Regardless of the type of adventure you are embarking on, keeping the basics in your vehicle means that you should be bale to deal with most situation that may arise.
Great for getting yourself out of a sandy situation. They also work really well in mud.
You never know when you are going to have to dig yourself out of trouble or when there is a call of nature that requires a hole.
You don’t always need this equipment BUT when you do, you do. Best to ensure that it is always in your vehicle.
Much better than a stick and a lot more accurate. You will more than likely need to adjust tyre pressure on this trip.
If you need to let your tyres down for any reason then you will also need to pump them back up again.
Being so close to Perth is no reason to disregard the basic planning process. Make sure you let someone know where you are going and when you intend to be home. Mobile phone coverage should not be relied upon. This could impact how well Google Maps (or equivalent works) and you should either invest in a good quality GPS unit or ensure you have a map of the area.
Something to deal with minor cuts and scrapes as well as compression bandages to treat snake bite.
Make sure you have some sunscreen and insect repellant with you.
Ensure there is enough water in the vehicle for everyone who is coming with you.
We use and recommend HEMA’s HX2 GPS navigator. The unit does not require mobile phone signal to operate, shows you exactly where you are and what is around you (including points of interest and facilities). The HX2 also gives you turn by turn navigation when back on the bitumen if you need it.
Your other option is to grab a copy of one of HEMA’s maps or 4WD atlas relevant to your area of travel.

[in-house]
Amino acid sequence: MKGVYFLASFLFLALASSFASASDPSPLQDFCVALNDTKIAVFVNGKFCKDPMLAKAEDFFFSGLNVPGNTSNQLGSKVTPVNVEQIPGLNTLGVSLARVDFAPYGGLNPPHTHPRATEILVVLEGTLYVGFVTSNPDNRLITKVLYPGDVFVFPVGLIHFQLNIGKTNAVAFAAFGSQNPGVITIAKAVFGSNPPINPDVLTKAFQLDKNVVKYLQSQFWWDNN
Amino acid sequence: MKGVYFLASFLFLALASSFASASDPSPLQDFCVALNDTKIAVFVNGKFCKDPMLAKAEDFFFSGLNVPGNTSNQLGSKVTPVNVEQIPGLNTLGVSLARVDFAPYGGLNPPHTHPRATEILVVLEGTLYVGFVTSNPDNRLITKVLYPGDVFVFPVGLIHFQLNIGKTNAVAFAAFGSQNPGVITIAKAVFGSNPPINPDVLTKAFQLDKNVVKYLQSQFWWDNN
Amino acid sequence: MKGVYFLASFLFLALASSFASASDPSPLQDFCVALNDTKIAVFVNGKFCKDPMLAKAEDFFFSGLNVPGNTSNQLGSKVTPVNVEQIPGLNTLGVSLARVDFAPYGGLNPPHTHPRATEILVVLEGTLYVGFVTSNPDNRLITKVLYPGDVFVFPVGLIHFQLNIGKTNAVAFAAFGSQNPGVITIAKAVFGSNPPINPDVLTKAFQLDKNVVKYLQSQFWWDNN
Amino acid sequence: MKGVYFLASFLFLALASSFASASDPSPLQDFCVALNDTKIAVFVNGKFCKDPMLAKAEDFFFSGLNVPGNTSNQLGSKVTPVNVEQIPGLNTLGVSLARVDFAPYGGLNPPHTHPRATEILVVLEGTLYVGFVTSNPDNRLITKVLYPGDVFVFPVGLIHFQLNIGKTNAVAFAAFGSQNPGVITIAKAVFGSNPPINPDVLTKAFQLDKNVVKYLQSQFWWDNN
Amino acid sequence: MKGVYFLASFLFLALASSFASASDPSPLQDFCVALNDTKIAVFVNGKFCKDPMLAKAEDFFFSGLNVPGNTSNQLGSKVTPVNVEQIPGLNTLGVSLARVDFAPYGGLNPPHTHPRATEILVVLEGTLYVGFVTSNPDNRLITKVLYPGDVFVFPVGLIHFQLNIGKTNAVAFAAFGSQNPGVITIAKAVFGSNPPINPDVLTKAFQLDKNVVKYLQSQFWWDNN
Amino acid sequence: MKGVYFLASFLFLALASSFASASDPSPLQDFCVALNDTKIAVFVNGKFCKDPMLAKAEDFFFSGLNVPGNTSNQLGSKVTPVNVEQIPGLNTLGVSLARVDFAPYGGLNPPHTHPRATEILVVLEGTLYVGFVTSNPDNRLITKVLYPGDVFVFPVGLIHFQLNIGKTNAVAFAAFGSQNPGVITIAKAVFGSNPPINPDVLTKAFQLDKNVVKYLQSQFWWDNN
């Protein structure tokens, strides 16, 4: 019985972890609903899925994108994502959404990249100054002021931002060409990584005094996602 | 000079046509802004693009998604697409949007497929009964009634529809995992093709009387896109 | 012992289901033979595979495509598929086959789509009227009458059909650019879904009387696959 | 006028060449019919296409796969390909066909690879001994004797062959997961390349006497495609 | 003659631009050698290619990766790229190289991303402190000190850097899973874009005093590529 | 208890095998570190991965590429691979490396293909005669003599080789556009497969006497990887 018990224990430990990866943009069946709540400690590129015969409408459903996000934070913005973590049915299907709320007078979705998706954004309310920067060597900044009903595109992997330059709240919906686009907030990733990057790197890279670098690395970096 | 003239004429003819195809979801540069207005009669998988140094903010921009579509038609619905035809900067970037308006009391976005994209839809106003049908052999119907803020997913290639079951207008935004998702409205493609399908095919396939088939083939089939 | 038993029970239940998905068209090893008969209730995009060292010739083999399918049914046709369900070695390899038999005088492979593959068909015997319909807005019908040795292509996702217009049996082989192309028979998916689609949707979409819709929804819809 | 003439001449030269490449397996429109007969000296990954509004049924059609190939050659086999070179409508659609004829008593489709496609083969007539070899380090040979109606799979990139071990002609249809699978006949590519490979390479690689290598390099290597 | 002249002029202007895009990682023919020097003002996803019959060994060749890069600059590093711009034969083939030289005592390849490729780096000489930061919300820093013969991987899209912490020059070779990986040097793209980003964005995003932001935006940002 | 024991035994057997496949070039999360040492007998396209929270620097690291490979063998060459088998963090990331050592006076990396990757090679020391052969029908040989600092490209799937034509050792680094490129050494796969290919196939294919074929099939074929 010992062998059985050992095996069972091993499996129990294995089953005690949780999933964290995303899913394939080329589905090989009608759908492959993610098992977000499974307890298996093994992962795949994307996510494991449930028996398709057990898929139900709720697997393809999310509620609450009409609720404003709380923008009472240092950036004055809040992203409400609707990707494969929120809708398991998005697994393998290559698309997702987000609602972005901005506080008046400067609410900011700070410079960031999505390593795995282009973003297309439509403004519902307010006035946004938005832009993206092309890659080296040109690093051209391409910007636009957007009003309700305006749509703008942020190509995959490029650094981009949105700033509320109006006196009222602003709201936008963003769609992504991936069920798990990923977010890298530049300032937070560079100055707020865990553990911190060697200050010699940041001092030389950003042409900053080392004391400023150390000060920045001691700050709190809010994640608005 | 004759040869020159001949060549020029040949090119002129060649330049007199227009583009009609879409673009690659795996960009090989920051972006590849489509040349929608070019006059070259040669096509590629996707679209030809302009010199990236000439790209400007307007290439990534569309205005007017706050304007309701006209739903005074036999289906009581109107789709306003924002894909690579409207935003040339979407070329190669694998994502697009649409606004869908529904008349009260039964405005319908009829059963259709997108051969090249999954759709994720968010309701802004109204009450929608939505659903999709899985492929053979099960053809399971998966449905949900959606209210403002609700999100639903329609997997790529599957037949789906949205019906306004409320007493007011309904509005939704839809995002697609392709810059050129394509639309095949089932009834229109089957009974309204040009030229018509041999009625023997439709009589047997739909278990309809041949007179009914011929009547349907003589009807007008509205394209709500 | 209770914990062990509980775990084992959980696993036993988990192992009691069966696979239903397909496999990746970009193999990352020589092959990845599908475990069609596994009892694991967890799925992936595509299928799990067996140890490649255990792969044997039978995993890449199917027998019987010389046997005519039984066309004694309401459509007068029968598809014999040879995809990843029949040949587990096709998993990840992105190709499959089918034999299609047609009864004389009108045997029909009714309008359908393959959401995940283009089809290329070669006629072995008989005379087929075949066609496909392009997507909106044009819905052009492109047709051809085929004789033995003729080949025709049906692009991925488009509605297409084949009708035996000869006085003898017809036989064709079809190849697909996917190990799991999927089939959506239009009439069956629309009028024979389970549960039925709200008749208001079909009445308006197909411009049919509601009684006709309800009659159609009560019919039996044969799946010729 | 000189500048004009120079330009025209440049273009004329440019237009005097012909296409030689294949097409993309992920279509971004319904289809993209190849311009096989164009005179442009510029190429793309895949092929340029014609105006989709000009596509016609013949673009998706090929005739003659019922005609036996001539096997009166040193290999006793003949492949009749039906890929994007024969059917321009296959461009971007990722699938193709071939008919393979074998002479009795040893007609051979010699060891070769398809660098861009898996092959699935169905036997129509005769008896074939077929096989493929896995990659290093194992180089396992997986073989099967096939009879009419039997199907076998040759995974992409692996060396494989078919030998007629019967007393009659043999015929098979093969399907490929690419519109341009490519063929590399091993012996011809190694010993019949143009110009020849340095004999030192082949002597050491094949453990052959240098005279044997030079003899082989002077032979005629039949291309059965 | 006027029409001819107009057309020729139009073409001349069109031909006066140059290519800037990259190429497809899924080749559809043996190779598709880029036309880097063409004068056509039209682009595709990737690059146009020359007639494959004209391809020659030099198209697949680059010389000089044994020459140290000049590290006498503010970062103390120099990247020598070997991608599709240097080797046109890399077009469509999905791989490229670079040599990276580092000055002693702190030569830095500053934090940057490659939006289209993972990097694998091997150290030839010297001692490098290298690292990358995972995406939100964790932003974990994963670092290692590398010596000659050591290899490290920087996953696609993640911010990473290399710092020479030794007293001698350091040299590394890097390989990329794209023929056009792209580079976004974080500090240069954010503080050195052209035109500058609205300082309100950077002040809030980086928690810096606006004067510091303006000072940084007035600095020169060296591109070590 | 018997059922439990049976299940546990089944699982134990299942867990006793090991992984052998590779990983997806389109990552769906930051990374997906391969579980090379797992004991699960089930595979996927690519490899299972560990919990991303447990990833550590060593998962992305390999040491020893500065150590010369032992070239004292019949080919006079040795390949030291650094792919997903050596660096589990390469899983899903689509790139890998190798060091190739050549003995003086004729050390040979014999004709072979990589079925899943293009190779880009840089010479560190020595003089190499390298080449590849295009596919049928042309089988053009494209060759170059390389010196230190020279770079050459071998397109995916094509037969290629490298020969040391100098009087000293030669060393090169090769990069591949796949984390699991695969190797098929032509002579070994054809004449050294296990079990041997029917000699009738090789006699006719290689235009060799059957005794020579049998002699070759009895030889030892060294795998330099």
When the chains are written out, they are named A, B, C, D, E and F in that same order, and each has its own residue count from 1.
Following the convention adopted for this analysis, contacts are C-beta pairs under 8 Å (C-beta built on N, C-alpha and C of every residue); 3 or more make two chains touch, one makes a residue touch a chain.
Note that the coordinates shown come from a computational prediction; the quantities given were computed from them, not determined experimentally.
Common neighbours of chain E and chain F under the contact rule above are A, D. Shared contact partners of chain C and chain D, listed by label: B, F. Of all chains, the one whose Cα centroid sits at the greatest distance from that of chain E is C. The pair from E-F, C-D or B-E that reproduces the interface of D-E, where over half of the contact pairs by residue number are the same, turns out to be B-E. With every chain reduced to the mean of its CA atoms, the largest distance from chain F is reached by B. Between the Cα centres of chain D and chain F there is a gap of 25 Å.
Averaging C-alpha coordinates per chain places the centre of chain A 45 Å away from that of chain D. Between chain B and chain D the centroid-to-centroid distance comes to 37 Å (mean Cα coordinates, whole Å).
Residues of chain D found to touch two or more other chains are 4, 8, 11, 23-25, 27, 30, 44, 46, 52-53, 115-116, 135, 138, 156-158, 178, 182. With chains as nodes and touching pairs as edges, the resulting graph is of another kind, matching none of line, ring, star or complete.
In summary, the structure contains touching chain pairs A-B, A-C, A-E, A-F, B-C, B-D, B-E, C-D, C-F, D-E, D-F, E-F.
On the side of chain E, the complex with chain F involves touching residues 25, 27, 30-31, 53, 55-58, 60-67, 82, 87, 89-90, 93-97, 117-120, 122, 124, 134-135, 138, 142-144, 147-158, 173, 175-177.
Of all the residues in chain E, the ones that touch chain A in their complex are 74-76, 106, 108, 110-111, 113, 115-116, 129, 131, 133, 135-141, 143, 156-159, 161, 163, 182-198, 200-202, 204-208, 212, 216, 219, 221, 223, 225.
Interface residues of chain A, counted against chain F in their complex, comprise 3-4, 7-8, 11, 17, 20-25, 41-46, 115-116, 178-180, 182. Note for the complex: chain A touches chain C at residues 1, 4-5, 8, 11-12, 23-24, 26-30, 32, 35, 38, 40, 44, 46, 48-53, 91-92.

If you have a smart phone or an iPad (preferably one that can take a mobile SIM card – you don’t need a SIM installed) you can look at HEMA’s CamperX or 4×4 Explorer.
Keep a roll in the car, along with hand sanitiser and maybe some wipes. Make sure you have a rubbish bag handy and bring all of your rubbish home.
Don’t spend the entire trip driving, make sure you stop and explore. It’s a great opportunity to build some memories with the family.
Time your trip so you stop at Mt Observation and have either morning tea or a picnic lunch there. Spend some time exploring the area and take in some of the views.
When you stop and sit for a little while you will be amazed at the amount of wildlife that you will spot.
Take a camera and try your hand at some scenic shots or even some macro. It’s also a great spot to get some nice portrait shots of friends and family or even a candid shot of them enjoying nature.
There are a couple of ways that you can get your hands on the instructions for this little adventure.
Grab a copy of 4WD Days out of Perth (5th Edition) from our web shop or your nearest 4WD accessory store.
You can also purchase our basic Fact Sheet and Map from our web shop for $2.95